|Publication number||USRE35188 E|
|Application number||US 08/328,900|
|Publication date||26 Mar 1996|
|Filing date||25 Oct 1994|
|Priority date||12 Aug 1989|
|Also published as||DE69013510D1, DE69013510T2, DE69031572D1, DE69031572T2, EP0486593A1, EP0486610A1, EP0486611A1, EP0486611B1, EP0614161A1, EP0614161B1, US5211399, US5228693, US5284344, USRE35182, USRE35226, WO1991003034A1, WO1991003035A1, WO1991003036A1|
|Publication number||08328900, 328900, US RE35188 E, US RE35188E, US-E-RE35188, USRE35188 E, USRE35188E|
|Original Assignee||Bell-Fruit Manufacturing Company Limited|
|Export Citation||BiBTeX, EndNote, RefMan|
|Patent Citations (21), Referenced by (36), Classifications (8)|
|External Links: USPTO, USPTO Assignment, Espacenet|
.Iadd.This application is a continuation of prior copending international PCT Application No. PCT/GB/01257, filed on Aug. 10, 1990, the benefit of the filing date which is hereby claimed under 35 U.S.C. §120. .Iaddend.
This invention relates to gaming and amusement machines and in particular to those commonly known as fruit machines. In such machines a number of reels, usually three or four, carrying symbols on their peripheries are spun and then stopped at random. If they come to a halt with any one of a number of selected combinations of symbols on a so-called `win line`, an award is made or other equivalent benefit is obtained. Such a machine will hereinafter be referred to as of the kind set forth.
Traditionally thee reels have been mechanical, rotating side by side on a common axis and with the symbols carried on their peripheral cylindrical surfaces. This is almost universal although in certain countries, e.g. Germany, the reels are sometimes in the form of flat discs with the symbols arranged in a ring on one face. Even an arrangement involving each reel being in the form of a frustum of a cone, with the peripheries lying in a common conical surface, is known.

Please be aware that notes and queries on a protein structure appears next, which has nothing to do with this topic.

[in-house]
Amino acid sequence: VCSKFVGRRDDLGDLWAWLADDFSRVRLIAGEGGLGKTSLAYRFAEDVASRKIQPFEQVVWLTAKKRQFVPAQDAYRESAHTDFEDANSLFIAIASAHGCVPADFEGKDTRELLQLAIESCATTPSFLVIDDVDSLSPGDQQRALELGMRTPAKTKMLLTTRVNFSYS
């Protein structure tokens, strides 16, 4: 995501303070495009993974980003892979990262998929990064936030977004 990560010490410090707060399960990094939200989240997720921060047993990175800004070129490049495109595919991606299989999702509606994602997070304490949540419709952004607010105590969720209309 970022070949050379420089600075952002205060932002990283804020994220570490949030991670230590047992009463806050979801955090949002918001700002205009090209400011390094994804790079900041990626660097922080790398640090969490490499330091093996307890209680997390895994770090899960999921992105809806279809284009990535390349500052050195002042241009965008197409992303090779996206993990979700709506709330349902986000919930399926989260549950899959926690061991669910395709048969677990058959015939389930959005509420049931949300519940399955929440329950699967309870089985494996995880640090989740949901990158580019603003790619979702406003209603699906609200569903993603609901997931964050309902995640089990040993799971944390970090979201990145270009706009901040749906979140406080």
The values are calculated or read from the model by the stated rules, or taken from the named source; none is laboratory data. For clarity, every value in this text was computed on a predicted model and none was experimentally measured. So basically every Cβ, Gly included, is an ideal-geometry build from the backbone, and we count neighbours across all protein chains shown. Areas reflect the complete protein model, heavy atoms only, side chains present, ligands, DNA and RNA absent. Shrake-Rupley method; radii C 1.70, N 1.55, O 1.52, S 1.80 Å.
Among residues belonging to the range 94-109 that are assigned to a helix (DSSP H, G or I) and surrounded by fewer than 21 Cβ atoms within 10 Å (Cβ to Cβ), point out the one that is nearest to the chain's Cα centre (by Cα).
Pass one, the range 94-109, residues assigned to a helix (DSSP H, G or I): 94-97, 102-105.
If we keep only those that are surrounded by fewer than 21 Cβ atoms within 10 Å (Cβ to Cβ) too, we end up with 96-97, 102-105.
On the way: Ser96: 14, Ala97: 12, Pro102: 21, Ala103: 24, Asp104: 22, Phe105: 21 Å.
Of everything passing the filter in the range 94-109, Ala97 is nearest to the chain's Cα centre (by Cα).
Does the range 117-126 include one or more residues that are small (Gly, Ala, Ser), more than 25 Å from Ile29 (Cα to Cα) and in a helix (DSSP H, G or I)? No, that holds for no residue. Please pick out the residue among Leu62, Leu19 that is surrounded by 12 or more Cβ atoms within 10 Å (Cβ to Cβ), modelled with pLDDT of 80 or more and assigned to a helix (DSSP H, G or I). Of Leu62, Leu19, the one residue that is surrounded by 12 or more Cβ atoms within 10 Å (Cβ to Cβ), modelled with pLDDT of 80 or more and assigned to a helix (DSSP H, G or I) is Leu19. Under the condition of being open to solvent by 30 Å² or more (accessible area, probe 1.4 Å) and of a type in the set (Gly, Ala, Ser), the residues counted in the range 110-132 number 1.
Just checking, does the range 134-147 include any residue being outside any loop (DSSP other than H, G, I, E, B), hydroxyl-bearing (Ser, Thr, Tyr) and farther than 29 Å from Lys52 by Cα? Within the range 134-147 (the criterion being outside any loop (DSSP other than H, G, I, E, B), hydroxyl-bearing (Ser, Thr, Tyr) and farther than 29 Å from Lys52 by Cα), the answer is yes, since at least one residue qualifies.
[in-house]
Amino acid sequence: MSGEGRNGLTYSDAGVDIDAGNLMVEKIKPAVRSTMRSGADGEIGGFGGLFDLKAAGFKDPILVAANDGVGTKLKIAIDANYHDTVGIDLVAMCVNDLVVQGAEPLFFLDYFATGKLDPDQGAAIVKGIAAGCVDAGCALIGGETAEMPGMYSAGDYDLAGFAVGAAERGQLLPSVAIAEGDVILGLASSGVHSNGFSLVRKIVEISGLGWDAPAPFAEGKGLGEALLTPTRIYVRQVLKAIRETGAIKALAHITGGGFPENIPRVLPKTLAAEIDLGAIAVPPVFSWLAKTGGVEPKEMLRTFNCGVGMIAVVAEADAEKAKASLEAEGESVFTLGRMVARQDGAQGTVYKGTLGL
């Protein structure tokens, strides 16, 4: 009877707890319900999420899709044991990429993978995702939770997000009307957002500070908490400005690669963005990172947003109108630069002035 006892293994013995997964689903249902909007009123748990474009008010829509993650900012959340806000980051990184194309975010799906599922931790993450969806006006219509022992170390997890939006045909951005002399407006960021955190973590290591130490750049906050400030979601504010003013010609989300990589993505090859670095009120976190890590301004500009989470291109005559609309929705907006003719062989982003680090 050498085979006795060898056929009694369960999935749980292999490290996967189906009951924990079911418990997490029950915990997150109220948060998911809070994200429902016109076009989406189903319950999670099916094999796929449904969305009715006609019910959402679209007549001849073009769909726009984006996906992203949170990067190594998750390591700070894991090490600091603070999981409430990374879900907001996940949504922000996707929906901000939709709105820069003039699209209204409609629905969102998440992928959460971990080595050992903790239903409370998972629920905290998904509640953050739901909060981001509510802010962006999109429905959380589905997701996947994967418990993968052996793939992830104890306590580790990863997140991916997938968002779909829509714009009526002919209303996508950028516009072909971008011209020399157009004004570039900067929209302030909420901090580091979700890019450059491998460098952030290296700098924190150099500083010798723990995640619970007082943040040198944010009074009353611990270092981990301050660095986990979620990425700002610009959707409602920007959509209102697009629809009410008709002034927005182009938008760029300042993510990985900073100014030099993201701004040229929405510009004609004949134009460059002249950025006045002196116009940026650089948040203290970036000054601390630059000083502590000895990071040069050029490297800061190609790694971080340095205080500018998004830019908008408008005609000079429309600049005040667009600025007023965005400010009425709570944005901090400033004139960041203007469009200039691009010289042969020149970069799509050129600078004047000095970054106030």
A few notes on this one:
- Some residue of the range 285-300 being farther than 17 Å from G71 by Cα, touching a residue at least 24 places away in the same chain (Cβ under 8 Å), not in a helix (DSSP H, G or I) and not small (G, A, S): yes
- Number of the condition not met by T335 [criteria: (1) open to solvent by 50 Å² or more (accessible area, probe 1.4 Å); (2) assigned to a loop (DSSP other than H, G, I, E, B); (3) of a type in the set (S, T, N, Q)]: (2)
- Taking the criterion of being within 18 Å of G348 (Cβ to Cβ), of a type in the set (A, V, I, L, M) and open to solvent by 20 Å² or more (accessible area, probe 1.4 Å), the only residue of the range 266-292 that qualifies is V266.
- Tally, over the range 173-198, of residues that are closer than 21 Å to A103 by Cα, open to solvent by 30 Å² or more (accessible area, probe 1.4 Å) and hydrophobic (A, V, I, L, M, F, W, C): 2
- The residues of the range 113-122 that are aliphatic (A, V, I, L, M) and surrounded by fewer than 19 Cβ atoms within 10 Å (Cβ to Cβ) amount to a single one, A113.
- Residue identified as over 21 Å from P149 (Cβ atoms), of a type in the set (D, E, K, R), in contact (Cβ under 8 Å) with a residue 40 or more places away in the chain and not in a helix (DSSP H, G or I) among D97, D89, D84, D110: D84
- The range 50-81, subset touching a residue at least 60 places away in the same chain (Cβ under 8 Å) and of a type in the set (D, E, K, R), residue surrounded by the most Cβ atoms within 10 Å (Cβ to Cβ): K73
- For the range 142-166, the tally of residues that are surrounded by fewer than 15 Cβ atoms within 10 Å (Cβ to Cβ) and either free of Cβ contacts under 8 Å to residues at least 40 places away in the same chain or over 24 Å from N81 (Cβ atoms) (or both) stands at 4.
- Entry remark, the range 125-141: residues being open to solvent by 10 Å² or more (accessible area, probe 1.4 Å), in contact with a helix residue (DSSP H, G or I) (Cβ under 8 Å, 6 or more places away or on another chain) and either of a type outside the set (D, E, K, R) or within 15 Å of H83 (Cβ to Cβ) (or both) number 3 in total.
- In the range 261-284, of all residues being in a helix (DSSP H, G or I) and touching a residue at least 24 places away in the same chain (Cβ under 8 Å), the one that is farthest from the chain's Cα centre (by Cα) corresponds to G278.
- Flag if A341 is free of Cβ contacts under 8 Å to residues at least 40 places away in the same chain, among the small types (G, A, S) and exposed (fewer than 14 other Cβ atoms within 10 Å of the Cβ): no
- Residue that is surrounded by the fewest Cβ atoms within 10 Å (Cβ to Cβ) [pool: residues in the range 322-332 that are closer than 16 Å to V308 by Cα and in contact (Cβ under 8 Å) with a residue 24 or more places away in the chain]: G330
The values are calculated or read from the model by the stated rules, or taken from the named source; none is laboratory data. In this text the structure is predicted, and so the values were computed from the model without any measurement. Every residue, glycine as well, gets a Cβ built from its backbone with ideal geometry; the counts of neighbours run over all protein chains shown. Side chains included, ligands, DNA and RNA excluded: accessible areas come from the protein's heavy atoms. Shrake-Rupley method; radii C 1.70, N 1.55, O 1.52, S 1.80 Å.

Attempts have been made to get away from the simple printed representation of the symbols, usually fruit such as plums, cherries, oranges and so on, and it has been proposed to project the symbols optically in turn onto a flat translucent screen, the so-called Panascope system. We have ourselves proposed to use a video screen on which an electrically generated image of the rotating reels is displayed. However these alternatives lack the contrast and brightness of a colour-printed two-dimensional picture of the symbol and so there has lately been a reversion to the mechanical reels with the symbols on their peripheries.
There are many times in which minor variations upon the standard symbols appearing on the reels are needed. It is, for instance, common practice to include elements of more than one game feature at concurrent positions of the reel-strip; for example, a plum may be over printed with the number "1". Printing elements for of these occurrences could be made up, but this would be potentially costly and inconvenient, as for example shown above, the next appearance of a plum may not need any overprinting, the next a "2" etc. Advantage cannot therefore be taken of the fact that the standard background symbol in the cases outlined is a plum as individual printing elements for each variation would need to be made.
According to a first aspect the invention consists in a reel for a gaming or amusement machine comprising a first reel-strip, a second reel-strip, and support means supporting the strips in a curved configuration, the first and second strips extending around the support means and each carrying indicia, or symbols, the arrangement being such that at . .at.!. least one angular position of the reel the first and second strips each have indicia, . .characterised.!. .Iadd.characterized .Iaddend.in that the indicia of the first strip and the indicia of the second strip can both be seen simultaneously at all times when they are registered with a viewing window of a gaming or amusement machine.
Preferably the second strip is generally transparent, but carries its indicia and the second strip overlies the first strip such that at least some of the indicia of the first strip are at least partially visible through the second strip. At least one of the indicia or symbols of the second strip may be superimposed upon at least one of the indicia or symbols of the first strip.